By Krystal Spring/Havre Daily Newsemail@example.com
Four-year-old Hunter Hazelton sprints across the Lila Drive cul-de-sac. It's 5:30 p.m. Wednesday and he doesn't want to be late for his swimming lesson. Sterling Wardell watches his friend Hunter leave, then the 3-year-old quickly turns on his heels and runs across the street after him.
"Hey, Sterling, get back here," Phil Wardell calls out to his son, but Sterling has already safely reached the other side of the street, at least this time.
"They're just too young yet to understand you can't do that," Sterling's mother, Ruth Wardell, said Wednesday. "We try to keep them out of the street and teach them to look before they cross, but they're kids. Sometimes they get excited and run out into the street."
It's situations like this that prompted the Wardells to start a neighborhood petition earlier this summer, requesting the city post both a "Dead End" sign and a "Slow - Children at Play" sign on Lila Drive. The neighborhood group presented its request to the Streets and Sidewalks Committee of the Havre City Council on Monday. The committee and the full City Council approved the dead end sign, but the committee denied the request for a children at play sign.
"There's children at play in several areas of town," public works director Dave Peterson said at Monday's Streets and Sidewalks Committee meeting. "If this sign request is approved, who's to say the committee won't get similar requests from every block in town."
On May 17, the Streets and Sidewalks Committee rejected a similar request for a children at play sign from a group of Spruce Drive residents, citing the same concerns for a possible influx of sign requests. Instead, the committee requested extra police patrol in the Spruce Drive area.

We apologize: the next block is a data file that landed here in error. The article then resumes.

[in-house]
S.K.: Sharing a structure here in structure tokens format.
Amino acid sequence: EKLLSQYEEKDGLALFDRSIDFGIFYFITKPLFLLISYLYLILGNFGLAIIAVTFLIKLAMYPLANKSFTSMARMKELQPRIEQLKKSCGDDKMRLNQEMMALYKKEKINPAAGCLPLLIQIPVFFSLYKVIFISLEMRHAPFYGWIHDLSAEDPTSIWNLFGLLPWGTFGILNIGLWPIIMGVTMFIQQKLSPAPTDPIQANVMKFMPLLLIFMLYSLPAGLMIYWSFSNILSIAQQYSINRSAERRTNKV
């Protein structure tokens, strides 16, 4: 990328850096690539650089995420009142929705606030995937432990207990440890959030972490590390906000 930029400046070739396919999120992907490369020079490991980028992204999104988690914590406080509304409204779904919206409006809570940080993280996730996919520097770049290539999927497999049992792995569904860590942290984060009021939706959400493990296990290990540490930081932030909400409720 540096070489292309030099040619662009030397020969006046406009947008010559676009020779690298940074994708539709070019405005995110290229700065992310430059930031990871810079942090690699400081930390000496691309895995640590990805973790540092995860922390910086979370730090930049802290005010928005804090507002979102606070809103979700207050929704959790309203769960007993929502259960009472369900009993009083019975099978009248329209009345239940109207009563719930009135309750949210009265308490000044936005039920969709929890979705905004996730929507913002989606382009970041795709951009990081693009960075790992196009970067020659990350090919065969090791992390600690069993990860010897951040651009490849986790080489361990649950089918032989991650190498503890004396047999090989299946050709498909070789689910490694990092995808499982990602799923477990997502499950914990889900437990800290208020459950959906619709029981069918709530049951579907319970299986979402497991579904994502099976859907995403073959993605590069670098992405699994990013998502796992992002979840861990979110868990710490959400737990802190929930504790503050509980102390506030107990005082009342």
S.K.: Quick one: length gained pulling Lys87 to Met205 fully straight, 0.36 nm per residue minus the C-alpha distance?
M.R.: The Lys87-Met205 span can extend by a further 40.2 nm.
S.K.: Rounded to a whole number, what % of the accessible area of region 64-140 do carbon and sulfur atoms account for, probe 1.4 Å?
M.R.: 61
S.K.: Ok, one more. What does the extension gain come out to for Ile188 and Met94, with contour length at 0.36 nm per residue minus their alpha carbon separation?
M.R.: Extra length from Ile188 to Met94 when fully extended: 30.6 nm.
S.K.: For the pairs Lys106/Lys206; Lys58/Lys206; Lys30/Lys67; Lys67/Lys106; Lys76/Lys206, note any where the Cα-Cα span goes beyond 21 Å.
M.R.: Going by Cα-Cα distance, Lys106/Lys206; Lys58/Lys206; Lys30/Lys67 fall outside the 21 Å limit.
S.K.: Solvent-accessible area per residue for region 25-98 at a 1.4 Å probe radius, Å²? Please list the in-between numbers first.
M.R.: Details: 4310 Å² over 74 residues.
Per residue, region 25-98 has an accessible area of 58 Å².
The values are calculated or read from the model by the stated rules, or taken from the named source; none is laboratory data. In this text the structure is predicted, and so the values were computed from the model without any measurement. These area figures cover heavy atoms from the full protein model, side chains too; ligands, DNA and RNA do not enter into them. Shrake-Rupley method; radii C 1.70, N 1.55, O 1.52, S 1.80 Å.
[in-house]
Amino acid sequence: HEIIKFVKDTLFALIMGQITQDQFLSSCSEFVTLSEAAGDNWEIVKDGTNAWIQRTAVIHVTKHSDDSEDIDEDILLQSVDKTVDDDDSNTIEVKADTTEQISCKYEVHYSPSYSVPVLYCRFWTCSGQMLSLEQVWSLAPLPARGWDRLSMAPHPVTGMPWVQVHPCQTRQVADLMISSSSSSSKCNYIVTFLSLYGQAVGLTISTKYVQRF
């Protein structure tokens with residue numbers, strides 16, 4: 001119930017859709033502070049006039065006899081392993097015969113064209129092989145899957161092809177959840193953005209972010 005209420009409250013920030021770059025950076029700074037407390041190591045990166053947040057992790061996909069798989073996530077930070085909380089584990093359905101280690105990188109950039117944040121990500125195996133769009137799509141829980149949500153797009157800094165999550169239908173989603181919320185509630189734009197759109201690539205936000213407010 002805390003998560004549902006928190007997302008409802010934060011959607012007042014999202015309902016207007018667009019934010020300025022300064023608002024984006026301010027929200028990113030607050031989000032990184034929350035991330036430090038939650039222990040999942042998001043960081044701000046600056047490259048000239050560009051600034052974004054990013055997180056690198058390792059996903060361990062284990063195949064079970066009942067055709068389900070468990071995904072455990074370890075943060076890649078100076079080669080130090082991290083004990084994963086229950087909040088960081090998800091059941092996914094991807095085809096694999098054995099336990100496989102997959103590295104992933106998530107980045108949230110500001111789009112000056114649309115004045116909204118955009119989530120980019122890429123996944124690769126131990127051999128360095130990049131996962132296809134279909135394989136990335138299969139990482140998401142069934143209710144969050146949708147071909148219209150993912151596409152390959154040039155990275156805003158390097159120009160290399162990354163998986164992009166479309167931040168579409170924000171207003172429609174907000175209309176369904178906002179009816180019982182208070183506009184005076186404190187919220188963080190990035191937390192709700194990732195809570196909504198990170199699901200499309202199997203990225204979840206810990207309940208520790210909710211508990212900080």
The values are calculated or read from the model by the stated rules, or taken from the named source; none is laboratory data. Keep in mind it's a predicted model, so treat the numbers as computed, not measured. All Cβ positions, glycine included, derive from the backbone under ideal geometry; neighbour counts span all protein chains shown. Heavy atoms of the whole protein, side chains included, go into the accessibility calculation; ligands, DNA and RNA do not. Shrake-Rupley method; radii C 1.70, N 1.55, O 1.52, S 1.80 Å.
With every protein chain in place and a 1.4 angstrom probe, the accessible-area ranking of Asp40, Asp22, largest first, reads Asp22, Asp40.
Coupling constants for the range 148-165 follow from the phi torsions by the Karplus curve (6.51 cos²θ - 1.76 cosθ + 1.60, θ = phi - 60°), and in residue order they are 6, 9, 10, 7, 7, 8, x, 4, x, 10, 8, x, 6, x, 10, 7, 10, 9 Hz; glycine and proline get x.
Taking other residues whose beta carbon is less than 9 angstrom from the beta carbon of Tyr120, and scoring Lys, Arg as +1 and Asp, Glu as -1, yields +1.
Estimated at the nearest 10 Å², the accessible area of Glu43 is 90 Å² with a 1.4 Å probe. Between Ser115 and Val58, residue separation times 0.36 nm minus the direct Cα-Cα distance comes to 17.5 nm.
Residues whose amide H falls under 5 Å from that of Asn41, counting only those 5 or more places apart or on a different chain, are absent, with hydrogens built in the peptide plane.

"Children at play signs cannot be enforced," Peterson said. "They're just a warning, and people don't seem to pay attention to them anyway."
Ruth Wardell said there's 25 children living on Lila Drive, nine of those age 10 and under.
"I want to keep our children safe," the mother of four said. "I don't want to see an accident."
On Wednesday afternoon the four Wardell children were outside playing, alongside several other neighborhood children, including Tracy Huebsch's three little girls, ages 2, 4 and 6. While the older children pushed their younger counterparts on tricycles and carried squealing little girls on their backs, the parents stood watch, trying to make sure every child stayed safely, out of the street. Occasionally, a child would break free from the adults' careful supervision and ride a bike into the street or chase a ball into the cul-de-sac.
"We can't always prevent that from happening," said Huebsch, who's lived on Lila Drive for five years. "The safety of our neighborhood kids is our top concern, and we'll do anything we can to protect them."
Huebsch said she's hopeful a dead end sign will deter drivers from trying to use the cul-de-sac as a through street, but she also wants drivers to be aware that children are living and playing in the area.
"The first thing I do when I see a children at play sign is slow down," Huebsch said. "It makes me more aware as a driver. I don't see why we can't get a sign like that. We have lots of children on this street. It just makes sense."
Hunter's mother, Stacy Hazelton, said she has her hands full with Hunter and his 2-year-old sister, Mollee, without having to worry about every car on Lila Drive.
"There's quite a bit of traffic on this street, considering it's a dead end," Hazelton said. "And the drivers are going too fast. I'm afraid that one of these kids is going to get hit."
Though the Lila Drive neighbors said they're disappointed that the city didn't approve their request for a "Slow - Children at Play" sign, they're not going to stop there.
"We'll get a sign ourselves and put it up," Ruth Wardell said. "It's that important."
City Council member Allen "Woody" Woodwick, who chairs the Streets and Sidewalks Committee, said residents can do that as long as they erect the sign on private property and not on the city right of way.
The Lila Drive residents said they'd appreciate extra police patrol in their neighborhood, but also said they wouldn't shy away from helping to enforce the speed limit and caution drivers.
"We'll get out here with a bull horn if we have to," Ruth Wardell said. "Anything we can do to help make drivers aware of our kids, we're up for it."
Woodwick said he would ask Havre police to step up patrols on Lila Drive.